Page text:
Scanxiety, a reexamination

Tomorrow is my first PET/CT at the Mayo Clinic in Jacksonville since we moved from Miami to Orlando last month. It’s not my first scan, more like the 20th or so since my de novo Stage IV Metastatic Breast Cancer (MBC) in 2017, but it’s the second one after the cancer in my body spread to my liver and the first after the end of the IV chemo Taxotere. This scan will tell us if Xeloda on its own is doing the job of keeping the Mets in check.

I’ve written before about scanxiety, that persistent anxiety no matter the specific circumstances once you’ve had a diagnosis when a scan is coming. You can read that post here. I wrote that post when I’d been stable on my first line of treatment (Ibrance and Letrozole) long enough that the interval between scans had been extended from three months to six months.

It’s very different this time.

The scans in October of 2021 and January of 2022 were bad and signaled progression, the most significant game changer was January when we discovered the liver Mets. Yes, my scan in April was good and indicated that the combination of Taxotere and Xeloda was working. But the last two scans looking at the efficacy of the oral medication I’d been on were bad, life changing bad.

And in the back of my mind, I’ve been waiting for that other shoe to drop, to have to again enter into the chaos of changing treatment with all of the adjustments to side effucks and insurance issues galore. Having never suffered from anxiety like this before my diagnosis, adjusting and finding coping skills to handle this regular anxiety no matter what is going on, has been a significant challenge. And I incorrectly think I’m equipped to handle it each time.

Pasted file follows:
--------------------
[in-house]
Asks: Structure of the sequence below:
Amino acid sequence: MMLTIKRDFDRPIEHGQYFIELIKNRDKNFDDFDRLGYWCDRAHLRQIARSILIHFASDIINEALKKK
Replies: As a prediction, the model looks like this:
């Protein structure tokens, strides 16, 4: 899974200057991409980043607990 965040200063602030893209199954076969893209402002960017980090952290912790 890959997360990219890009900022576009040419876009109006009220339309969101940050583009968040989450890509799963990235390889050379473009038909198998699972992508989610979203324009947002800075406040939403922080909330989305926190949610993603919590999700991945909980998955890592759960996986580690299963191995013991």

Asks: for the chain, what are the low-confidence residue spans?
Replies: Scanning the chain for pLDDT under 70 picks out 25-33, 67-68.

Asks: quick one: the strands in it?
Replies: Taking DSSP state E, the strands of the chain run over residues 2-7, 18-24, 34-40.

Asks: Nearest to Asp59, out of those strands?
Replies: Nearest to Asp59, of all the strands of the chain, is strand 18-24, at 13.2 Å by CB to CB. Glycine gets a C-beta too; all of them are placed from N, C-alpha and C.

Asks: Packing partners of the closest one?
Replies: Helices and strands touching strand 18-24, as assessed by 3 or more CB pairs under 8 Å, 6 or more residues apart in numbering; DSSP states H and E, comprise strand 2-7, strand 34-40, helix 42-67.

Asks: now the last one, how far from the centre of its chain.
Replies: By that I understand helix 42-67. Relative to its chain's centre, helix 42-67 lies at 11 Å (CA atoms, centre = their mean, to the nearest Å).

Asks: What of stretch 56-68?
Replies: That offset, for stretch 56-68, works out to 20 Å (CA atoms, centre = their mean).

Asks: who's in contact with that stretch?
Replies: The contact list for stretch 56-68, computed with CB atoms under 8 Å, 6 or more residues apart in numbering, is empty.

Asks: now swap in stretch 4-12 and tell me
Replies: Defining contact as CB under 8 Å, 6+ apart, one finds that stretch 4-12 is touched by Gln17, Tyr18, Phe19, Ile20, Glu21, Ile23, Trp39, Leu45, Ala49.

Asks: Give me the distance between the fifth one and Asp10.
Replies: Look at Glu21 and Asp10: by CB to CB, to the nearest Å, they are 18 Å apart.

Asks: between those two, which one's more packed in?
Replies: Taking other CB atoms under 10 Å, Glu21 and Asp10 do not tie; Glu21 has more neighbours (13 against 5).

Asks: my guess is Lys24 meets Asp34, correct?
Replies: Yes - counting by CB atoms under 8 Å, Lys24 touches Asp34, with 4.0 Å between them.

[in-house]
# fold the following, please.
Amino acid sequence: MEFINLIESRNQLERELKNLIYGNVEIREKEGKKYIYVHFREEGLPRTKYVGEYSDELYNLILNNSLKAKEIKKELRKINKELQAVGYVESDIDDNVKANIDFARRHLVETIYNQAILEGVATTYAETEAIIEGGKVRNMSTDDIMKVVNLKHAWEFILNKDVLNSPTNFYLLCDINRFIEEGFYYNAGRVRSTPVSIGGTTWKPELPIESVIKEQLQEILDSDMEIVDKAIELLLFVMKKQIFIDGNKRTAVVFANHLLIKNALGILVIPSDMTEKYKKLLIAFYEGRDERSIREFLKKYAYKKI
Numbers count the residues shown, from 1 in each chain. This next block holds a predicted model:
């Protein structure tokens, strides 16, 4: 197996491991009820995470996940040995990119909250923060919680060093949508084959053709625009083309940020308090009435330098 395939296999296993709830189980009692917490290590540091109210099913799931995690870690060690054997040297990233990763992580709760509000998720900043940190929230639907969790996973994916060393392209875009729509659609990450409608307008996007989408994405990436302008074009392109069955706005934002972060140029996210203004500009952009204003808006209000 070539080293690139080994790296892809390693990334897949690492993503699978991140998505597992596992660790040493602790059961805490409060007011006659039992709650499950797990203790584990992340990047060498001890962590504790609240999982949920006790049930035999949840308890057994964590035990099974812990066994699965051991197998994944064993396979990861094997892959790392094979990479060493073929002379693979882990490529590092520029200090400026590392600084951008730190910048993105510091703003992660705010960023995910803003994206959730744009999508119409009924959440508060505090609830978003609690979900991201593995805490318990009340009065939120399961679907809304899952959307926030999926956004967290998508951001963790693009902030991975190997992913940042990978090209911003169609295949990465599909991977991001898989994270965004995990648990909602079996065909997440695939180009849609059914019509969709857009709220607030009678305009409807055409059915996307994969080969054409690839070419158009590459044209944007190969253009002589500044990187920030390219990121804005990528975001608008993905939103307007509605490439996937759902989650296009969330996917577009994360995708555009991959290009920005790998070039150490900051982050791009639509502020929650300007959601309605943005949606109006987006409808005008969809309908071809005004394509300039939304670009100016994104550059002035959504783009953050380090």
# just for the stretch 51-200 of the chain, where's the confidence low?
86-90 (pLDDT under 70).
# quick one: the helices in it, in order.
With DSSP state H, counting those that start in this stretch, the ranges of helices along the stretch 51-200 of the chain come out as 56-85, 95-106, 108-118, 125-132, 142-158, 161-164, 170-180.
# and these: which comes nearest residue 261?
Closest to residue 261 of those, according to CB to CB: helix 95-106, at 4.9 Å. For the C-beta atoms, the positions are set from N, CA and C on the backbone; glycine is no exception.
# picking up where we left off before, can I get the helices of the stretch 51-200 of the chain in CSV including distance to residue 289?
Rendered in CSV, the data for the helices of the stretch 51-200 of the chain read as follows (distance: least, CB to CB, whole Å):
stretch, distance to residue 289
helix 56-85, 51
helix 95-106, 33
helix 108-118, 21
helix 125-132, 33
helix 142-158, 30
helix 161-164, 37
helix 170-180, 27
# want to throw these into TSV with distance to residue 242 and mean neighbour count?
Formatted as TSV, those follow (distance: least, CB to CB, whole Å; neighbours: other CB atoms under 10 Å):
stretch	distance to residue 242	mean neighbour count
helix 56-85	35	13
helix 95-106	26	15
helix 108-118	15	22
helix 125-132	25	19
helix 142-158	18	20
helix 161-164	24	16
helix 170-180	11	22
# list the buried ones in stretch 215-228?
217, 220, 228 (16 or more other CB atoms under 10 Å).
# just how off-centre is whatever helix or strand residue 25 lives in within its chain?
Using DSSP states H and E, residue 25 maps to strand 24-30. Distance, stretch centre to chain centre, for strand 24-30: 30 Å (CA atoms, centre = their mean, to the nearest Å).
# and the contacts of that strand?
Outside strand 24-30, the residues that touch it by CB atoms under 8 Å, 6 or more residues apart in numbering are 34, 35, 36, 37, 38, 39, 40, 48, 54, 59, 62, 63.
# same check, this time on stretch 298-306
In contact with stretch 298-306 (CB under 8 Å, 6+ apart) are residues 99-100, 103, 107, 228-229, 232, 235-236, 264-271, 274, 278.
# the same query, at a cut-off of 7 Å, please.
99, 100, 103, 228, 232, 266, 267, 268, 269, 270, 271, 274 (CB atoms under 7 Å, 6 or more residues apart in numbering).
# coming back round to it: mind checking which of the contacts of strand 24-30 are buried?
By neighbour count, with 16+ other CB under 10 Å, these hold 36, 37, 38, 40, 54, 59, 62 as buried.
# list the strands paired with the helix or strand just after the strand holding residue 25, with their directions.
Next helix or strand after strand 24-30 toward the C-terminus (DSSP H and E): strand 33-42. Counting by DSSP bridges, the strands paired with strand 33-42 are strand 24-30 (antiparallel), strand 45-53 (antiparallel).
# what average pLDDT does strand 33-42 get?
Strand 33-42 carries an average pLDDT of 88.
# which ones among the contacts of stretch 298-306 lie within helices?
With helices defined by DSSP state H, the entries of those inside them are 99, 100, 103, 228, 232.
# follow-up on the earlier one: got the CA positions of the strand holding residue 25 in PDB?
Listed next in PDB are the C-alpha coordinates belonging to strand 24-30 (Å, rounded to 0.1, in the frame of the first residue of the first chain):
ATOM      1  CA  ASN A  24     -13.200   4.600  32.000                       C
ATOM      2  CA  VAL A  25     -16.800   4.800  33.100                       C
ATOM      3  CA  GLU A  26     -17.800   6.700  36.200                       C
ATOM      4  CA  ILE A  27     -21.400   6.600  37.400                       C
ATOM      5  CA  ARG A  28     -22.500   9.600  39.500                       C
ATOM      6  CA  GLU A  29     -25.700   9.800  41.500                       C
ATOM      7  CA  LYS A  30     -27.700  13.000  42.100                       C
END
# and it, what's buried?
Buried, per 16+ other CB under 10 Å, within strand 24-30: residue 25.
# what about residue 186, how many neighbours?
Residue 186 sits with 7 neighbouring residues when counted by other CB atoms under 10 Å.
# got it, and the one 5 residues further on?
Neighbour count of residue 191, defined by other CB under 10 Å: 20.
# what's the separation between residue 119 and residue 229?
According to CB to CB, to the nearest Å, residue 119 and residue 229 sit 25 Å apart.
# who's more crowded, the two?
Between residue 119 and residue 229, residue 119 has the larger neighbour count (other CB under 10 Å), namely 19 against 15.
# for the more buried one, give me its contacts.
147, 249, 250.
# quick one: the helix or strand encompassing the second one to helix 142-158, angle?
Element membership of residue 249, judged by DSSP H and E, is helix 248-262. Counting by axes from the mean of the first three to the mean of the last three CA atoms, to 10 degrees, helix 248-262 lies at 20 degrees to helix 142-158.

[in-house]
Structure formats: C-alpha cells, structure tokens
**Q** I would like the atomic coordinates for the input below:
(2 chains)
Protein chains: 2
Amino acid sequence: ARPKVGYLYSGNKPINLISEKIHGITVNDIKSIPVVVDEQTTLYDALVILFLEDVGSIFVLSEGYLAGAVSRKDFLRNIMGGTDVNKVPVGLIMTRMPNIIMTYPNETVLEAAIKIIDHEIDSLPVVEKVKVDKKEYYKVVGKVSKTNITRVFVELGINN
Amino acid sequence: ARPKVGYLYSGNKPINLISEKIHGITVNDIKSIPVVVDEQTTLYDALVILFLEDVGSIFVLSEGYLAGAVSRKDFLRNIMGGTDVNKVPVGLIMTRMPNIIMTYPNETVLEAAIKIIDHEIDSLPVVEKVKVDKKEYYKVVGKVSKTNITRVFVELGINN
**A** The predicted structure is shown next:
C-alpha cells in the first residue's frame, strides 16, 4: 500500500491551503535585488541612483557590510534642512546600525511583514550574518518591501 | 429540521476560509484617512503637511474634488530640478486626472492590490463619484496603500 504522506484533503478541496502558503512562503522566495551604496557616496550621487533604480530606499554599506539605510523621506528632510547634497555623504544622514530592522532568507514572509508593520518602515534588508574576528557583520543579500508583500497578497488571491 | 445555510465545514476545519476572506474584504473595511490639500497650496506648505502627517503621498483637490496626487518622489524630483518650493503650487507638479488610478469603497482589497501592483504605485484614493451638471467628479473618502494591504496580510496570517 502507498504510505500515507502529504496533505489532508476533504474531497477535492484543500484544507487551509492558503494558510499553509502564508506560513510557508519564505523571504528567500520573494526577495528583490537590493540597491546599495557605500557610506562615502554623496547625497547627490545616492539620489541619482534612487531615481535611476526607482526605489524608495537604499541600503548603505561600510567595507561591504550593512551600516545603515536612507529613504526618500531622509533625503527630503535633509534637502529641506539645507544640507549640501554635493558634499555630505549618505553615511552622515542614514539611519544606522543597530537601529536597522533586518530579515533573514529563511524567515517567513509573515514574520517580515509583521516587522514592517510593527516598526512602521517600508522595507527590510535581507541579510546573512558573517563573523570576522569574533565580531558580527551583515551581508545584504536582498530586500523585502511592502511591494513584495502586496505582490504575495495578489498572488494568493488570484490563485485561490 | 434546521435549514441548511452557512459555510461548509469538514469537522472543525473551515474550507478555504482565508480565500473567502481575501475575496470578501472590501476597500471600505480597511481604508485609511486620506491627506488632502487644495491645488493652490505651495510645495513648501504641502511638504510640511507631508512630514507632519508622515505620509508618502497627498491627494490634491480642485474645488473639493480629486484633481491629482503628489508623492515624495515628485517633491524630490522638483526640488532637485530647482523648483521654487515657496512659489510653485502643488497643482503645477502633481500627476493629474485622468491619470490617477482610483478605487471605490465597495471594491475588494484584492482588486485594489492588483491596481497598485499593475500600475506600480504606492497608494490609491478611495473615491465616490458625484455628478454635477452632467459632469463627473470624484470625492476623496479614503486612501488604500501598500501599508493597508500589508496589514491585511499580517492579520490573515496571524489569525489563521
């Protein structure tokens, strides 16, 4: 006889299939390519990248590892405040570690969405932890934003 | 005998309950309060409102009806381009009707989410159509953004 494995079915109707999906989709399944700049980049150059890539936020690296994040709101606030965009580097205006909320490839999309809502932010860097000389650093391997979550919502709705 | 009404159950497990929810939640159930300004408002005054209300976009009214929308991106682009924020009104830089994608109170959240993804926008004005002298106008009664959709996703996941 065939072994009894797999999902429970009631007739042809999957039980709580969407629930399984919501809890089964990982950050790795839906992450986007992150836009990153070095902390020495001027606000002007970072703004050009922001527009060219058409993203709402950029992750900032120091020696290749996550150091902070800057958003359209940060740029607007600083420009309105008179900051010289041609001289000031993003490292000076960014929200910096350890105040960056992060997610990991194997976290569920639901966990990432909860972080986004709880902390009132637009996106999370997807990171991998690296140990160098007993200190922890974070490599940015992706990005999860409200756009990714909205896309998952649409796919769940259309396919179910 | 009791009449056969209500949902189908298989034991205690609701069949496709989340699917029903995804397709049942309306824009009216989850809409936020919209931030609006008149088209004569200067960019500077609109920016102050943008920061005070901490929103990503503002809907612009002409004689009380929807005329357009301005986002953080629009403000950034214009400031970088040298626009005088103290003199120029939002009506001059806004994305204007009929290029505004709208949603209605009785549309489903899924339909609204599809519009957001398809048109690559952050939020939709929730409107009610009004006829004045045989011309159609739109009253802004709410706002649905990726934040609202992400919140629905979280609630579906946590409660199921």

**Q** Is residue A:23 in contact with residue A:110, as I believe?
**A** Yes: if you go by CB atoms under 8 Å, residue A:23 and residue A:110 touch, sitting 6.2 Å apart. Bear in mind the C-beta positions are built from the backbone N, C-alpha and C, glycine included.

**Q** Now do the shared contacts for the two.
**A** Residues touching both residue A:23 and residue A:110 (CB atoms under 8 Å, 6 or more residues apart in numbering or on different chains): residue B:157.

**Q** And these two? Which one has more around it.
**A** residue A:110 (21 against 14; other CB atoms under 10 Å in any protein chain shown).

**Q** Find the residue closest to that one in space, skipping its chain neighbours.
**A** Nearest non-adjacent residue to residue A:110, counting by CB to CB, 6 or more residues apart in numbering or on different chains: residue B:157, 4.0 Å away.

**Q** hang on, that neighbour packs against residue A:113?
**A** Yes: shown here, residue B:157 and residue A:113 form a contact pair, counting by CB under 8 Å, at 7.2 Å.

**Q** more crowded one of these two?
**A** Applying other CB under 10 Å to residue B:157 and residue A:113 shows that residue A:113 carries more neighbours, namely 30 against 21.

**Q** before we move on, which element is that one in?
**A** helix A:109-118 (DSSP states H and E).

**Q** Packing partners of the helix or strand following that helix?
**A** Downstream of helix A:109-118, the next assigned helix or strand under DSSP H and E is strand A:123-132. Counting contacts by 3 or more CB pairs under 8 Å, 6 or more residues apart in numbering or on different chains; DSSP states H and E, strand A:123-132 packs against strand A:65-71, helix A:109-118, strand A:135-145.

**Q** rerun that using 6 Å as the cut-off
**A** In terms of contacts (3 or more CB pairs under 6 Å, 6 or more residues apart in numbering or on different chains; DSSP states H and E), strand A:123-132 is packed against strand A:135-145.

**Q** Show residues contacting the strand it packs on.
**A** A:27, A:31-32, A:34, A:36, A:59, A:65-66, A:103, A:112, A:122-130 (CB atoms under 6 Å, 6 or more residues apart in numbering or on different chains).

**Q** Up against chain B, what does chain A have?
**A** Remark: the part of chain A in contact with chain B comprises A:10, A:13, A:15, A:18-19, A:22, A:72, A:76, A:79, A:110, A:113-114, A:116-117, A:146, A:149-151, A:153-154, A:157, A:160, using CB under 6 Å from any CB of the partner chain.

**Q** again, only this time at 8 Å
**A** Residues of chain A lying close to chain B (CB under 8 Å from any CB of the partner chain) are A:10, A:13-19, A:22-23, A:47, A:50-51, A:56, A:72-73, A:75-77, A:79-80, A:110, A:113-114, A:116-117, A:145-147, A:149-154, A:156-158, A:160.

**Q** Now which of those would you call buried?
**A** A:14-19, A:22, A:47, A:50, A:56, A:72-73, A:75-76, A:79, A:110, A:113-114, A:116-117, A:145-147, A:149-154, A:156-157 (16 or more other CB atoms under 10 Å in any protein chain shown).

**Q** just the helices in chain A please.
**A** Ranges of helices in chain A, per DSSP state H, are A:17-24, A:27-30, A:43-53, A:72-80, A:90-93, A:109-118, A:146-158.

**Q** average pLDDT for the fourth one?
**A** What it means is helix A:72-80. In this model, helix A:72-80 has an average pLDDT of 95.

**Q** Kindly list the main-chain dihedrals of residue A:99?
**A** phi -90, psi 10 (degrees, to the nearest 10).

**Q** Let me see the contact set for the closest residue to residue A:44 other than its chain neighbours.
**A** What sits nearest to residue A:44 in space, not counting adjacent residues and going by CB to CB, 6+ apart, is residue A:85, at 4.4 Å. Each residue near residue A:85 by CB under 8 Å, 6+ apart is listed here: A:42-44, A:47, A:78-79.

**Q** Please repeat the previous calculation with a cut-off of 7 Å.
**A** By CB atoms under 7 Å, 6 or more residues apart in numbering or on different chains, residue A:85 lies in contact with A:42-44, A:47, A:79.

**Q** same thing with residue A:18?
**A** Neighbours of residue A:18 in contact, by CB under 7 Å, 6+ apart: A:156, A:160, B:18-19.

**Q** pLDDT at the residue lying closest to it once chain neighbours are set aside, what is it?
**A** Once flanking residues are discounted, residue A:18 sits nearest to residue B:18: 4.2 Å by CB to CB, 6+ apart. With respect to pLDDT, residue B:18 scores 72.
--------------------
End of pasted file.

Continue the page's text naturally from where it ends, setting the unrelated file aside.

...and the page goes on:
But each time, I find myself in this valley of certainty that things will go badly. Sometimes I think this just might be my brain attempting to prepare the rest of my body for bad news so that good news is unexpected. I can get myself worked up quite a bit as I’ve convinced myself that bad news is coming.

Generally, I’m pretty good in a crisis. I’m good at delaying the emotional freak out while needing to make decisions. It’s kinda my super power in handling MBC and the stresses of life. When things are bad, I get calm and clear and focused. At the same time, that reaction takes a toll and the eventual emotional freak out is probably worse because it was put off and allowed to fester a bit, plus it comes out sideways sometimes. I should probably send a blanket apology to some of the hapless insurance people who caught the edge of that reaction. 🥴

So, if you think of it today, I’d appreciate all of the prayers, good wishes, juju, glitter, happy thoughts or whatever floats your boat. I’m trying to remain hopeful and positive as I go about my day and prepare for the trip up to Mayo tonight.

48 thoughts on “Scanxiety, a reexamination

  1. Sending you every hug, wish and beautiful thought. Is there anything nice you can visit or do in Jacksonville that isn’t cancer related? Something to take your mind off…..

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  2. So much love !!!! ❤️❤️❤️❤️❤️❤️❤️❤️❤️❤️❤️❤️❤️❤️❤️❤️❤️❤️❤️❤️😘

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  3. Sending prayers and healing vibes. This road isn’t a nicely paved on for us. Potholes, dusty, bumpy and the occasional obstacle we must turn around and take a detour for. Here’s to the scan showing you a beautiful paved road you get to travel on for a long while. ♥️